Michael Corbitt, 60, a former suburban police chief who wrote a book about his connections to organized crime, died of lung cancer July 27 at his home in Tampa.

Mr. Corbitt served as police chief of Willow Springs, Ill., a suburb of Chicago. He was convicted of conspiracy in 1989 but was released from prison in 1998 after helping the FBI solve several mob crimes.

His book, "Double Deal: The Inside Story of Murder, Unbridled Corruption, and the Cop Who Was a Mobster," was released in 2003. He wrote the book, which details the inner workings of organized crime in Chicago, with writer Sam Giancana, nephew of the mob boss of the same name who helped start Mr. Corbitt's criminal career.

In his book, Mr. Corbitt said his mob involvement started as a teenager, and his first job in law enforcement came when mob boss Sam Giancana helped him get a job as a police officer in Willow Springs.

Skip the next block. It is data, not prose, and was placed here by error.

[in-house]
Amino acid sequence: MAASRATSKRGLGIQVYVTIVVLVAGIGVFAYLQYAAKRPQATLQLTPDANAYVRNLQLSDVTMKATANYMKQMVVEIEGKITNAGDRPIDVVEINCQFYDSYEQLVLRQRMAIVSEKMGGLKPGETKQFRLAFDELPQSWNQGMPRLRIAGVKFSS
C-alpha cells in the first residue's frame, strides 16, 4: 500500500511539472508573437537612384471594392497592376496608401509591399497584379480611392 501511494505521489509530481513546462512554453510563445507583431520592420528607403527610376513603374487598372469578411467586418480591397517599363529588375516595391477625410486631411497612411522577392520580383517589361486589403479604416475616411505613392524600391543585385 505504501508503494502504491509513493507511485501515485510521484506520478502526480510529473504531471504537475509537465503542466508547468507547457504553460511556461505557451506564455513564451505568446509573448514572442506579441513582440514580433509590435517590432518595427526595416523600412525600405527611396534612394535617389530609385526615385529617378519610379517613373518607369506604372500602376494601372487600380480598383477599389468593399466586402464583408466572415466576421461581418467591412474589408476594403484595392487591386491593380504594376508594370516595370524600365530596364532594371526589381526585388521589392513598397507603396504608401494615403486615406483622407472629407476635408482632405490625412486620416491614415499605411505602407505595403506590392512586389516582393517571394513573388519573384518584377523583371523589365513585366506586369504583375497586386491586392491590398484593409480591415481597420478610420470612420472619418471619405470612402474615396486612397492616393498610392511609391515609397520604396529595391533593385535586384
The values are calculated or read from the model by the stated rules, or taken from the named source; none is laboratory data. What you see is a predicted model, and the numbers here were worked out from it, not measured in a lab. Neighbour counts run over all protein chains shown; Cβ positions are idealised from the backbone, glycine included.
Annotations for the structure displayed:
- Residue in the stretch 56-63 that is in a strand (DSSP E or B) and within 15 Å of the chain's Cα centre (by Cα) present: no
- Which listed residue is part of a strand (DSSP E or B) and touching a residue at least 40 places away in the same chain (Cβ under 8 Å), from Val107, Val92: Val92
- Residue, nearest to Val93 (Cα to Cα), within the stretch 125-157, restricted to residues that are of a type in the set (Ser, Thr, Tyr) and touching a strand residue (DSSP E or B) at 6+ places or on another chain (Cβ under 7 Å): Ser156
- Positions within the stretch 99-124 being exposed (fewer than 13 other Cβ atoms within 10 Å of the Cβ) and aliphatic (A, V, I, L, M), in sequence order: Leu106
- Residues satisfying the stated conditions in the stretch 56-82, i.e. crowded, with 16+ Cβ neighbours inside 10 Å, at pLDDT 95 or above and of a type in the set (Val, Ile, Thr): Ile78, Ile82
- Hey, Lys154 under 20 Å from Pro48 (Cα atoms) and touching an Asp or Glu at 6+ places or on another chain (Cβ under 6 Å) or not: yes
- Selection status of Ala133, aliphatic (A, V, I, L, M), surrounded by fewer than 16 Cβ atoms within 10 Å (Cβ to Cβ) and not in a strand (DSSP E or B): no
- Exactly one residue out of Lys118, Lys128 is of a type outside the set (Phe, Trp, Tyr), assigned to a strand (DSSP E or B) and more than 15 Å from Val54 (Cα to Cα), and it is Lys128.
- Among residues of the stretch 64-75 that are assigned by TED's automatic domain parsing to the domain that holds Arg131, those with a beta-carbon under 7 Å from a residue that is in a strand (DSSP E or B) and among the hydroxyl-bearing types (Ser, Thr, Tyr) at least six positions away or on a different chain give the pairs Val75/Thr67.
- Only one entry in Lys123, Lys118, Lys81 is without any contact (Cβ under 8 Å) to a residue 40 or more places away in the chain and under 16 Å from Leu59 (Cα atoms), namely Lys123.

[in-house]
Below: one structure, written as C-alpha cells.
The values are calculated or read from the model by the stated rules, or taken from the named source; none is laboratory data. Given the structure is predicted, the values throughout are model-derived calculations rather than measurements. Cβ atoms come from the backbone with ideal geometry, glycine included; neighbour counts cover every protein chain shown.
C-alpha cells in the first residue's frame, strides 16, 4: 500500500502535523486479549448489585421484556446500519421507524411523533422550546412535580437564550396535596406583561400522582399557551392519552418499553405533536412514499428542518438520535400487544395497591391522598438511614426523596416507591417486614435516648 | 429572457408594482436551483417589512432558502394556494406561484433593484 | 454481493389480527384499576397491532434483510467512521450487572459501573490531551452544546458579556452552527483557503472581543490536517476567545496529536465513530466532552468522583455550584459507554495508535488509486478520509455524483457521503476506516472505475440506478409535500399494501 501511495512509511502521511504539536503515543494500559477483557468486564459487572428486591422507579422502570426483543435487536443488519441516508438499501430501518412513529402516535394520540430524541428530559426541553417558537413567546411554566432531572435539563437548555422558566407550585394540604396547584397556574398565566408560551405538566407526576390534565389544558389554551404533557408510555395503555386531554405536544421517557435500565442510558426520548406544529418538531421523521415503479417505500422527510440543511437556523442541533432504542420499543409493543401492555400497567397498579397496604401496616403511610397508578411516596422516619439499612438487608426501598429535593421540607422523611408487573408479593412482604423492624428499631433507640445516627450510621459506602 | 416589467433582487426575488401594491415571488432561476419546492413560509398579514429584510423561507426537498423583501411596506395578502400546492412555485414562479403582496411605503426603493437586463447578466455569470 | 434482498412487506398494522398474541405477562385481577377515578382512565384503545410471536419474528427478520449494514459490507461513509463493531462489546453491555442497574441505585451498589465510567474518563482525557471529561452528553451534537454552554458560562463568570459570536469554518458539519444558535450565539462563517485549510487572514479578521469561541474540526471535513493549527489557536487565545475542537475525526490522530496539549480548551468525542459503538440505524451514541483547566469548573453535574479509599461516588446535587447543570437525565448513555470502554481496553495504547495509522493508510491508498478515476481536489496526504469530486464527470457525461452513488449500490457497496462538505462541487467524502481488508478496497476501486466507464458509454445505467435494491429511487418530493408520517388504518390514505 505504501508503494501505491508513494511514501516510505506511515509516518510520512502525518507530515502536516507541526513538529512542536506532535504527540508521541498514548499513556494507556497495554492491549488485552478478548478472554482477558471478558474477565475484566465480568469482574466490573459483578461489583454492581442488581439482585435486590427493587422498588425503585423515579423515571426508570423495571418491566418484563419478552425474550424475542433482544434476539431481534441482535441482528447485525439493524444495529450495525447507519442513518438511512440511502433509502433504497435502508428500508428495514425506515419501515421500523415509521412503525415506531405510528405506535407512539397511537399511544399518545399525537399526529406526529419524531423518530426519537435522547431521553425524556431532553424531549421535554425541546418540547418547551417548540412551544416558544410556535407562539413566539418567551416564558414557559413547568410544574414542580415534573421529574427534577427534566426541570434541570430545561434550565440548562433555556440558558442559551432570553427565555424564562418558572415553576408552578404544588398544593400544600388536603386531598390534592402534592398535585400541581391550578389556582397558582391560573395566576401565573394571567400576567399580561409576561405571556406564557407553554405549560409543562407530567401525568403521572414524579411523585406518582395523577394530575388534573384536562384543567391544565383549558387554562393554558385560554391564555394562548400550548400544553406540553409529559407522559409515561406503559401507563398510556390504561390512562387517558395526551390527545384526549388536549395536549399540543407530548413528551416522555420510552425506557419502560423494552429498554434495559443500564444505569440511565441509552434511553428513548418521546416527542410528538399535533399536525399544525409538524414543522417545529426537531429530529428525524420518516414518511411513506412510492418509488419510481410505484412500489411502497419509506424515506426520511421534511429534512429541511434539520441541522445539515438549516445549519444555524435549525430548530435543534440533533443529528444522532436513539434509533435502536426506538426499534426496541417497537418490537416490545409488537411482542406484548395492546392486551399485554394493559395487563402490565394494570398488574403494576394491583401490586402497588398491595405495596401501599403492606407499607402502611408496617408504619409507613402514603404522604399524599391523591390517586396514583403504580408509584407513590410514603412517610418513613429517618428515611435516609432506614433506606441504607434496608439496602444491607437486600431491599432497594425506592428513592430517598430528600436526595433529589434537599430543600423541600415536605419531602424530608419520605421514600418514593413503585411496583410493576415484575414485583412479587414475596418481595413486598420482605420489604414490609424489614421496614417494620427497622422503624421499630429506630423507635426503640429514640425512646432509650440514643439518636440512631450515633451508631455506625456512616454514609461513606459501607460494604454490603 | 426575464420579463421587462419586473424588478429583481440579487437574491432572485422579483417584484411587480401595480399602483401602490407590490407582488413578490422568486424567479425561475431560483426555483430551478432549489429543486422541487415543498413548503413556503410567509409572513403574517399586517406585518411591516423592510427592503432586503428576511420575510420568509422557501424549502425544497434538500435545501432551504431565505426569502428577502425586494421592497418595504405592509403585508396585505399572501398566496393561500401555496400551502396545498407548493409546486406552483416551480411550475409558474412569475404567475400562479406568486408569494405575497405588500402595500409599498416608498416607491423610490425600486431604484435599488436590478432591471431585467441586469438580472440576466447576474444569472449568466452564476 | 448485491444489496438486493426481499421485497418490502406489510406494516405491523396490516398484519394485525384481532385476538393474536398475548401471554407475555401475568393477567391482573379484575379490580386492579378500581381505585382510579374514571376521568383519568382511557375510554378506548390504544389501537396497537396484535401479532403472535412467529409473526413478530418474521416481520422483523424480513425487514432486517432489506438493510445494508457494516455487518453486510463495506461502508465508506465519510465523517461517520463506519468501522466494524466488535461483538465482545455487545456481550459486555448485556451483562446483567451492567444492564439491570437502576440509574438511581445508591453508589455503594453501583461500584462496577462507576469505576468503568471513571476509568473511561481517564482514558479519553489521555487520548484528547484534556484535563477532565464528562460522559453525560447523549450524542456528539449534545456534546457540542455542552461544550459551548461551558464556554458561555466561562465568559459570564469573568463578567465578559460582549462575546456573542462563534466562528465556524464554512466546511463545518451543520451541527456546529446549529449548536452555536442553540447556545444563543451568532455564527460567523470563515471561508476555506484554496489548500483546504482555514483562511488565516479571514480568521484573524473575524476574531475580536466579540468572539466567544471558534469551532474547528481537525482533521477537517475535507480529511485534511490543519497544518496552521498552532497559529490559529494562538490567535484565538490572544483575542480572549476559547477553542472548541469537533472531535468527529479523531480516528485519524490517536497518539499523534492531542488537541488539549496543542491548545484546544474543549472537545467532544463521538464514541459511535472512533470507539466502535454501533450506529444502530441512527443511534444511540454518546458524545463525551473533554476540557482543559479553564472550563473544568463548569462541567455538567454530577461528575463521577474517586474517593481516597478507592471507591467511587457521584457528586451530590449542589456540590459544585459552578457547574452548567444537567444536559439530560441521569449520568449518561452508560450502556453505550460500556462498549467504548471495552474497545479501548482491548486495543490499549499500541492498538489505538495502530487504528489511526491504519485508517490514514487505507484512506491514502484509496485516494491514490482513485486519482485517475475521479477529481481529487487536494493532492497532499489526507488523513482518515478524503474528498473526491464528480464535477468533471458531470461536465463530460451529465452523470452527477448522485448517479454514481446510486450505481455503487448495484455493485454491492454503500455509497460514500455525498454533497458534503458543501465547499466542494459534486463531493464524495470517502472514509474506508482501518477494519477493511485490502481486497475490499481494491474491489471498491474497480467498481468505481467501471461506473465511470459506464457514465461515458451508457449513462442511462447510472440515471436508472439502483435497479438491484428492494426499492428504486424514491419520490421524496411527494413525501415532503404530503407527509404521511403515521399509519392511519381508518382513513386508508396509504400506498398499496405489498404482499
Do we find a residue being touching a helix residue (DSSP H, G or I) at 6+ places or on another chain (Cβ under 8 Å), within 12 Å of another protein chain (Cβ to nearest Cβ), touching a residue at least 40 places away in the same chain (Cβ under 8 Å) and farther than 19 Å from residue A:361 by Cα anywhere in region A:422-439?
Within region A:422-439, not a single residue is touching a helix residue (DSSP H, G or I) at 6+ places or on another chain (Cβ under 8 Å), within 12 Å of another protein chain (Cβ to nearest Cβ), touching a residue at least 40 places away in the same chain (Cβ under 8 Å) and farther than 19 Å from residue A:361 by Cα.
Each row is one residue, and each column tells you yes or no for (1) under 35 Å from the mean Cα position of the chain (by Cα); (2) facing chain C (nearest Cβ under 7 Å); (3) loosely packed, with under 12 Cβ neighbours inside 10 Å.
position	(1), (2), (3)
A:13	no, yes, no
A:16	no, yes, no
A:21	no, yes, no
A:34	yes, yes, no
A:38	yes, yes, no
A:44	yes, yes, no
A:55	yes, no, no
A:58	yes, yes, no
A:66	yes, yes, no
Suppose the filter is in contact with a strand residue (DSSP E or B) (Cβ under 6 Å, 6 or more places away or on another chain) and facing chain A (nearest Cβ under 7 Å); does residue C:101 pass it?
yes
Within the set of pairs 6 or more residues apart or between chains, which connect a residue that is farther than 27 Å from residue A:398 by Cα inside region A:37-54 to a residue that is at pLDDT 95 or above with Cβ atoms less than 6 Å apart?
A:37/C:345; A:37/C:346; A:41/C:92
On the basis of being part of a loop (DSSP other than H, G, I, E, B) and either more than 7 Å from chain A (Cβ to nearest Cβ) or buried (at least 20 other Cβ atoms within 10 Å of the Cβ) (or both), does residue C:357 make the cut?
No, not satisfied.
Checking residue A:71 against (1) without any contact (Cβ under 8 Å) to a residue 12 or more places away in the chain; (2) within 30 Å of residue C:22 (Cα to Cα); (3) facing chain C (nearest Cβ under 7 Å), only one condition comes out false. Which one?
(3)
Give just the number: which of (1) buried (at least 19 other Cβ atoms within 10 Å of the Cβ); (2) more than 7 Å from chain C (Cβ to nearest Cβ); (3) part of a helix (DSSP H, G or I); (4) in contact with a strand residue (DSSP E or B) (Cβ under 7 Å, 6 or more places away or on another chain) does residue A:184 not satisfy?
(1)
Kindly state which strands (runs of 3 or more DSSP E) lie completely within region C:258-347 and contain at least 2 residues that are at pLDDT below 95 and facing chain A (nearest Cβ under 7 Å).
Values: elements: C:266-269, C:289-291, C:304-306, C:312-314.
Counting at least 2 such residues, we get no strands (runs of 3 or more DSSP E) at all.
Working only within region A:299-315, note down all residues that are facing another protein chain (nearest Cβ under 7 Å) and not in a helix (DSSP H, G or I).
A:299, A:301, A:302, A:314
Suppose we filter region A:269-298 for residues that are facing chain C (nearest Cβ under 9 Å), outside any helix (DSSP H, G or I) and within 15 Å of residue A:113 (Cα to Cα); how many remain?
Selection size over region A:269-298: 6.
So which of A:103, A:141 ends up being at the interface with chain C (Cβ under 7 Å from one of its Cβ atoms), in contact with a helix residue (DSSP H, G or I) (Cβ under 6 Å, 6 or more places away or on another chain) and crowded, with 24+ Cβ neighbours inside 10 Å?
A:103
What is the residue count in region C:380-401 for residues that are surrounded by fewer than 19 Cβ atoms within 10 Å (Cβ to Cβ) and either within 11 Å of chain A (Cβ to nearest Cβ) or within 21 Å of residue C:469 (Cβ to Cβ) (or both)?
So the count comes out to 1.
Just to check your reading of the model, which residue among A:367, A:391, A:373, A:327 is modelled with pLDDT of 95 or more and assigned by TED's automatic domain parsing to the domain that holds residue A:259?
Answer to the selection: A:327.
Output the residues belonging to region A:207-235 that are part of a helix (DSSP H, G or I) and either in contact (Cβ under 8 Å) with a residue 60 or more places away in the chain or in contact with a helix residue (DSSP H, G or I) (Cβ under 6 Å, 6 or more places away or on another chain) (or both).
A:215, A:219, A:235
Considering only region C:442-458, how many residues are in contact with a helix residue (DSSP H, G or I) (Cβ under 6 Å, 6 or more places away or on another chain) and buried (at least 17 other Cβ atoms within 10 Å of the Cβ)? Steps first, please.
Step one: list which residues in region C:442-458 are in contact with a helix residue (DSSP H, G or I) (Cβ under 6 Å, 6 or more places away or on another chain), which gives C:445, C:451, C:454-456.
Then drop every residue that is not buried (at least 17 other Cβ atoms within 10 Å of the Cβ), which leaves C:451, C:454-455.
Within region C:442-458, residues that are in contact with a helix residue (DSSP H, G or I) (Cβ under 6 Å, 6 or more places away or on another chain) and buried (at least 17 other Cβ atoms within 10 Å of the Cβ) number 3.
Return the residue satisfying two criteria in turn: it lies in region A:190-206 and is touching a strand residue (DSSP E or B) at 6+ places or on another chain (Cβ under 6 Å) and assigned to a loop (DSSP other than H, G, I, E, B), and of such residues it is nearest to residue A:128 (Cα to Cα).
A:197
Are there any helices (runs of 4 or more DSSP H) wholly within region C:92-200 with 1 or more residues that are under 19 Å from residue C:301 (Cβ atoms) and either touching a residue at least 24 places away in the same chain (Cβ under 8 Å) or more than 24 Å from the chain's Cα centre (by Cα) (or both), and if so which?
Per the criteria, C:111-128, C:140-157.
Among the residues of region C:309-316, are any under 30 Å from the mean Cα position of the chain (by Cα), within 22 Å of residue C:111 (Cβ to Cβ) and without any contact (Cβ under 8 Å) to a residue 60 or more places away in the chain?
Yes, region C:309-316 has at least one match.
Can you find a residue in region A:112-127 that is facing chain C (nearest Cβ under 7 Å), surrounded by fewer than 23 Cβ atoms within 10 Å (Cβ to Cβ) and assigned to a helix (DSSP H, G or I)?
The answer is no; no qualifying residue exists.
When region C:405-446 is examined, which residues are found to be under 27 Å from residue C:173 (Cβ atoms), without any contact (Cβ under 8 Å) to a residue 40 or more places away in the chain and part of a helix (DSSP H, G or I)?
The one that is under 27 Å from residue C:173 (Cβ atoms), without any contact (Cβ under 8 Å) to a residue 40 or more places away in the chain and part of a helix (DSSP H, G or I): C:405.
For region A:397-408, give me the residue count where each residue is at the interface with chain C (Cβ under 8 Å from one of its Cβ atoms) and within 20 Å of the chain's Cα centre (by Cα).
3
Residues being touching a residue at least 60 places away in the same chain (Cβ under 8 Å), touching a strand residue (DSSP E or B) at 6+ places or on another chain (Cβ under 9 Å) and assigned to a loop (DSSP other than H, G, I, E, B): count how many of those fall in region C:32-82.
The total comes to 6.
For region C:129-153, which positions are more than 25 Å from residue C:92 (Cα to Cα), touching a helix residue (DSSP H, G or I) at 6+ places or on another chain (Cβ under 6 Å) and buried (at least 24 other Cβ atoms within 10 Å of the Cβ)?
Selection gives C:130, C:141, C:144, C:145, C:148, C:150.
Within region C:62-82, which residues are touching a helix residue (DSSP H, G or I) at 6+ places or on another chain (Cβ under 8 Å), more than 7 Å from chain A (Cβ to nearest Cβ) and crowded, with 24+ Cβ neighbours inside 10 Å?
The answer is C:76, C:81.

Mr. Corbitt was appointed police chief in 1973. He left the position in 1982, around the time Dianne Masters, the wife of a mob attorney, disappeared. Her body was found nine months later in the trunk of a Cadillac in a canal in Willow Springs.

Mr. Corbitt and two others, including the victim's husband, were indicted in 1988 for their involvement in the slaying. All were convicted and sentenced to prison.

Sam Giancana, the author, said Mr. Corbitt began working with the FBI while in prison because he faced more racketeering charges and because mob associates threatened to kill one of his sons. For his cooperation, Mr. Corbitt was released from prison two years early.